08. Dead wood

Despite its name, “dead wood” is full of life. Dead wood exists in many different forms and successional stages which replace one another over time. The length of these stages differs greatly depending on the type of wood – but also on the size of the wood, moisture level and sun exposure. Text: Jonas Hedin

Just like in a pine Pinus sylvestris, the inner part of an oak’s trunk contains heartwood. In the heartwood there are cells that no longer conduct water or minerals, instead they are filled with e.g. tannins. This means that the oak develops much more long-lasting wood than a tree that lacks heartwood. It can take centuries for an oak’s heartwood to decompose. Its sapwood, on the other hand, breaks down relatively quickly; after 10-15 years, most of the sapwood is consumed by fungi and insects. The wood decomposes in several successional stages, each with different species communities. Old oaks contain large amounts of dead wood and an enormous variety of habitats. For this reason, it is important to manage your old oaks so that they can survive as long as possible.

A diversity of dead wood

In order to assist species with specialist requirements, it is important to know which species live in the dead wood in the area you are managing. In large areas it can be possible to create different types of dead wood, while in smaller areas you should use what is most suitable in that particular location. The fauna of insects that live in standing dead wood is distinctly different from those that live in fallen dead wood. Therefore, it is important to save both types of dead wood. Fallen trunks should not be cut up, because intact trunks have a more natural moisture gradient, which is important for wood-decay fungi and insects.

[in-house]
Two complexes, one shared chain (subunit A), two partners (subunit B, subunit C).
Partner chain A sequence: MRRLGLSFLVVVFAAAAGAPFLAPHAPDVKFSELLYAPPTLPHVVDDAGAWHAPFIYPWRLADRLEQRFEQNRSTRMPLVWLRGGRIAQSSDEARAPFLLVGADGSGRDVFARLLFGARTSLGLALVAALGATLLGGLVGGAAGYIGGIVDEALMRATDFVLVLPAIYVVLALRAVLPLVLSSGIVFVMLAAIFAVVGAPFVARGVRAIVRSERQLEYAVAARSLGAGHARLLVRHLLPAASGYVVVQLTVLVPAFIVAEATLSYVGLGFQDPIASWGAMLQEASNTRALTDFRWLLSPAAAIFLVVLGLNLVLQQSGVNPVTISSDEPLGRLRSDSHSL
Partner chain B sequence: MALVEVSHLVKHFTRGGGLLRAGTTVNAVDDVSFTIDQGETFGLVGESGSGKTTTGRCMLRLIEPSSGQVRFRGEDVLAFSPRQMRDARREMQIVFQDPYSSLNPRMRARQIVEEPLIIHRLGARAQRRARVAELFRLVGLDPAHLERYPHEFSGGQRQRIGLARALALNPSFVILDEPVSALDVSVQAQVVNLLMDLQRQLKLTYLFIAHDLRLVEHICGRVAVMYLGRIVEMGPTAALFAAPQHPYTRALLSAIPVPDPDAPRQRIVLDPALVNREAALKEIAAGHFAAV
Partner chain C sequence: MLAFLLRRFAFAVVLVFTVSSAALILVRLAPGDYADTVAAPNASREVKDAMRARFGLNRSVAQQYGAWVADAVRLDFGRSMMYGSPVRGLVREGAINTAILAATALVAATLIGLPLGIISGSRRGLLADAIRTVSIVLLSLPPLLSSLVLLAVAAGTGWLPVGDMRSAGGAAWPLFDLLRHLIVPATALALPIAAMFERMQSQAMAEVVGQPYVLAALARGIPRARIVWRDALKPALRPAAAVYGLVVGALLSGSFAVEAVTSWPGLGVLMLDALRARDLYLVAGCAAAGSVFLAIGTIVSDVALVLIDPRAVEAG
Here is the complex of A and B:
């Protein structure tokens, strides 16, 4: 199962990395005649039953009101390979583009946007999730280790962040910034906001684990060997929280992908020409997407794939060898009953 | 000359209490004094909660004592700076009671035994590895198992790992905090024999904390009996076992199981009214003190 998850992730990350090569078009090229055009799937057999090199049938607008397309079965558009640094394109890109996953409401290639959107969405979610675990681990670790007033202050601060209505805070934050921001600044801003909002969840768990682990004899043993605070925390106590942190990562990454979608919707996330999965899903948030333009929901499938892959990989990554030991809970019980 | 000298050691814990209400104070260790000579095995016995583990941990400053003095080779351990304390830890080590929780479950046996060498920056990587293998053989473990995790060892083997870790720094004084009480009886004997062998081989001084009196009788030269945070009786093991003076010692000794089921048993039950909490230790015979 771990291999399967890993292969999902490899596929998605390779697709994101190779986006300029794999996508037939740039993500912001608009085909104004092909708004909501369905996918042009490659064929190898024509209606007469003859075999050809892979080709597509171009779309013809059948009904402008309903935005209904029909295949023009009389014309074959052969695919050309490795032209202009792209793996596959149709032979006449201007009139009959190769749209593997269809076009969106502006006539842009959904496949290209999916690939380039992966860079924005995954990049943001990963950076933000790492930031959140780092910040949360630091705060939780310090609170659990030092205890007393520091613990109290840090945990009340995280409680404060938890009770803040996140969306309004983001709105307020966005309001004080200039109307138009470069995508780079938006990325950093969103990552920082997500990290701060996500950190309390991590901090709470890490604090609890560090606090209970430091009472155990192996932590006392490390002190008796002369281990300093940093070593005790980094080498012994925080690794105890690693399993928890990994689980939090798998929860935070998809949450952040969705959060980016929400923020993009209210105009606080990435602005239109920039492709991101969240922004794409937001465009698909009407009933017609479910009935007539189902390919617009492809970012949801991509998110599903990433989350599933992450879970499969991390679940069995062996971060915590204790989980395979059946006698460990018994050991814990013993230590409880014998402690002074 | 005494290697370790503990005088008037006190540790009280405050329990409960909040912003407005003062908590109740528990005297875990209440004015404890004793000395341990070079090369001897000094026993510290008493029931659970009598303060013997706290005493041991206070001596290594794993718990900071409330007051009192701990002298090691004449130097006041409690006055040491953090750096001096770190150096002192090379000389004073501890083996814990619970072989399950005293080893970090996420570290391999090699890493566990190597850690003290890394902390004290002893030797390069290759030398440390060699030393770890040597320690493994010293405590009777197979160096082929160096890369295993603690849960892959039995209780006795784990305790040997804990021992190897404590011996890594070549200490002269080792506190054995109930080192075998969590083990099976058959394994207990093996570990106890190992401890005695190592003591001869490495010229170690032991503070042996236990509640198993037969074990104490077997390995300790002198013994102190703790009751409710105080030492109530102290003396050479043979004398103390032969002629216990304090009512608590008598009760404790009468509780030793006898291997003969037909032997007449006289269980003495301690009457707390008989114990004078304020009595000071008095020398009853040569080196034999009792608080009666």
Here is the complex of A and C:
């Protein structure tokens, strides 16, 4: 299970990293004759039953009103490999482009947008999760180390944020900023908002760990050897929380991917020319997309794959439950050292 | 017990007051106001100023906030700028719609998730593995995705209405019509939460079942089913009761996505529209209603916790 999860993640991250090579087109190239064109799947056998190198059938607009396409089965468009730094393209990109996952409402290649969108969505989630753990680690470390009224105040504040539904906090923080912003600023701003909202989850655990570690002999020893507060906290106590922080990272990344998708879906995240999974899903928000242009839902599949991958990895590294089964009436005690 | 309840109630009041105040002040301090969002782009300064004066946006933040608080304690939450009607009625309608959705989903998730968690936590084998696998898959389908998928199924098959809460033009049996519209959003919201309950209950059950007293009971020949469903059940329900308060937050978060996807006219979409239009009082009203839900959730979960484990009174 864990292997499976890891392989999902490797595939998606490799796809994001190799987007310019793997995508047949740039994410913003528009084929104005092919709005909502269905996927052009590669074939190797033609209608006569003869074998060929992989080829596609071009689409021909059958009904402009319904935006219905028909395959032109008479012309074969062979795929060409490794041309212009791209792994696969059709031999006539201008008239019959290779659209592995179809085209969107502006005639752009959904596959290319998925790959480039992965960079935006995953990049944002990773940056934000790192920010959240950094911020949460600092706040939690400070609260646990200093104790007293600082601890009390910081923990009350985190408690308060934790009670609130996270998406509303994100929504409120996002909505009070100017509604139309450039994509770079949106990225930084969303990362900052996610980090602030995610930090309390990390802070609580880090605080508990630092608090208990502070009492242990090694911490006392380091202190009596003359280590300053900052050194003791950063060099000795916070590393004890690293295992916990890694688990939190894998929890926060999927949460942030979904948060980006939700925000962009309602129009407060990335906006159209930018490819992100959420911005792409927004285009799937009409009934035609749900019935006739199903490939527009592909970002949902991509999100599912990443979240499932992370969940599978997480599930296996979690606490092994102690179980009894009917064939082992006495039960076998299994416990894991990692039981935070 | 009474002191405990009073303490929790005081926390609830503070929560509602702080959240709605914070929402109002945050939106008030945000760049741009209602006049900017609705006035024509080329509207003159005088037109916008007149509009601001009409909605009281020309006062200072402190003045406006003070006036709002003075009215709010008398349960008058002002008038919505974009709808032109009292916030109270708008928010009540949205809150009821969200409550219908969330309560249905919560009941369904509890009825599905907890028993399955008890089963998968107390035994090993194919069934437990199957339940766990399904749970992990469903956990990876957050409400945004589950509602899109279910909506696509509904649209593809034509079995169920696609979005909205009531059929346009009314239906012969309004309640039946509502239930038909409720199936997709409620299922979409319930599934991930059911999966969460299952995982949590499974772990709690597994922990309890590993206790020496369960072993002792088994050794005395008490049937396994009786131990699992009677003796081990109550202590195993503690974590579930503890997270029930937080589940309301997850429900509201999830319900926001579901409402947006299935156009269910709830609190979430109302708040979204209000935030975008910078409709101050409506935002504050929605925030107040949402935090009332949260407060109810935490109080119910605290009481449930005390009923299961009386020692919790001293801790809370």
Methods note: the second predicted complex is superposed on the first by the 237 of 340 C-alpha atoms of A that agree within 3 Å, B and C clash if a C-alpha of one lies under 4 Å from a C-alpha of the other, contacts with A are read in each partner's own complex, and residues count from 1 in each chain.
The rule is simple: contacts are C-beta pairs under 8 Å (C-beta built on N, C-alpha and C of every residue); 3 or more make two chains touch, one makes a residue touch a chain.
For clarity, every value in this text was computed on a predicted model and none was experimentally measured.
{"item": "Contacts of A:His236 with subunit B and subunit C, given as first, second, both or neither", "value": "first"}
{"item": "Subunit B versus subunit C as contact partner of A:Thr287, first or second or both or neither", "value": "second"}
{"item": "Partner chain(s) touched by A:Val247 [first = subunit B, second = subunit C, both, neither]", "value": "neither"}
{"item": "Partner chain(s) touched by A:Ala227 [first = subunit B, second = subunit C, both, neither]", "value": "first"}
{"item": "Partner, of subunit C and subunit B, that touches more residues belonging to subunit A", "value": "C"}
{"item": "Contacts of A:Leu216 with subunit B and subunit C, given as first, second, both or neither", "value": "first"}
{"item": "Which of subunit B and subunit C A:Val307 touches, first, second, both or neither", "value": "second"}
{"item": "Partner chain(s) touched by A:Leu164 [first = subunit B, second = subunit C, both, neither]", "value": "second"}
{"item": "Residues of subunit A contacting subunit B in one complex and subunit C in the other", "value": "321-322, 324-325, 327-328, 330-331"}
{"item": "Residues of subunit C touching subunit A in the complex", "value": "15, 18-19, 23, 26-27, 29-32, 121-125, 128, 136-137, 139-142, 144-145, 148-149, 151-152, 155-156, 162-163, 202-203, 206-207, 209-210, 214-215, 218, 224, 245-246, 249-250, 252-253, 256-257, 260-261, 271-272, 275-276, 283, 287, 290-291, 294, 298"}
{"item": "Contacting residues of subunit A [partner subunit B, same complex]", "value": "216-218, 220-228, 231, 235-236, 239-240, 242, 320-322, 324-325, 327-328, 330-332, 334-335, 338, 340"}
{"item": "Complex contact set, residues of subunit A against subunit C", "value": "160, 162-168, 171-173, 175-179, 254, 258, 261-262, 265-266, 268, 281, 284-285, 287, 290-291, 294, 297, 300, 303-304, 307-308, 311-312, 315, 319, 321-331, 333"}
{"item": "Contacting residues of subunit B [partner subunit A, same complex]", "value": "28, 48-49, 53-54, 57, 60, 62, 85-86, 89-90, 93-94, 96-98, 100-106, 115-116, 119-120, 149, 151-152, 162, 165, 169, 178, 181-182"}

Trunks cut up into three-metre lengths are of considerably less value. It is natural for trees to be blown over in storms, creating valuable habitats – because of the dead wood itself, but also because of the open space and the ground upheaval that occurs. If such wind-felled trees have to be moved, ensure that the trunks are taken to a designated dead wood pile.

Damaging living trees is a suitable measure because over time, it often leads to a continuous supply of dead wood. Other methods include partial or full ring-barking, or felling entire trees and leaving them in place. If this obstructs grazing, the branches from the crown can be placed in a pile close to the trunk.

For the conservation, management and restoration of oak-rich woodlands and tree-covered pasture, there are a number of things to keep in mind when it comes to dead wood.

  • Aim for a diversity of dead wood. If possible, conserve all the naturally occurring species of trees in your area.
  • The dead wood should be both small and large, both standing and fallen, and in both sunny and shaded locations.
  • Aim to have dead wood in every successional stage, at least in the long term.
  • Keep all hollow trees.
  • Retain natural wind-fallen trees.

Things you can do to increase the amount of dead wood

  • Veteranise, if there are suitable trees. See chapter on veteranisation.
  • Ring-bark trees, partially or fully, and preferably at a tree’s distance to paths and roads.
  • Identify locations for dead wood piles, and place dead wood from trees felled locally there. For endangered species reliant on fallen trees, it may be necessary to enrich a protected area with really large dead oak wood, which can last for centuries.
  • If necessary, standing dead trees can be created by an arborist or woodland harvester. But remember that a tree that has died and remains in place contains many more habitats.
  • If deciduous trees have been felled in an area containing stag beetles, it might be a good idea to create a stag beetle pile. See the chapter on stag beetle piles.
  • It is much better to create small amounts of dead wood continuously, than a large amount on one occasion.
  • Piles of branches and tops can become deathtraps for wood-living insects, if the piles remain over the summer: female beetles can lay their eggs in the wood, which later gets chipped. So, plan your management such that felling and clea- ring is done after August 1, and chipping is done before April 1st.

In restoration and ongoing management, by always being mindful of the wood that is dead but very full of life, it is possible to create a large variation in habitat, and consequently also a landscape very rich in species.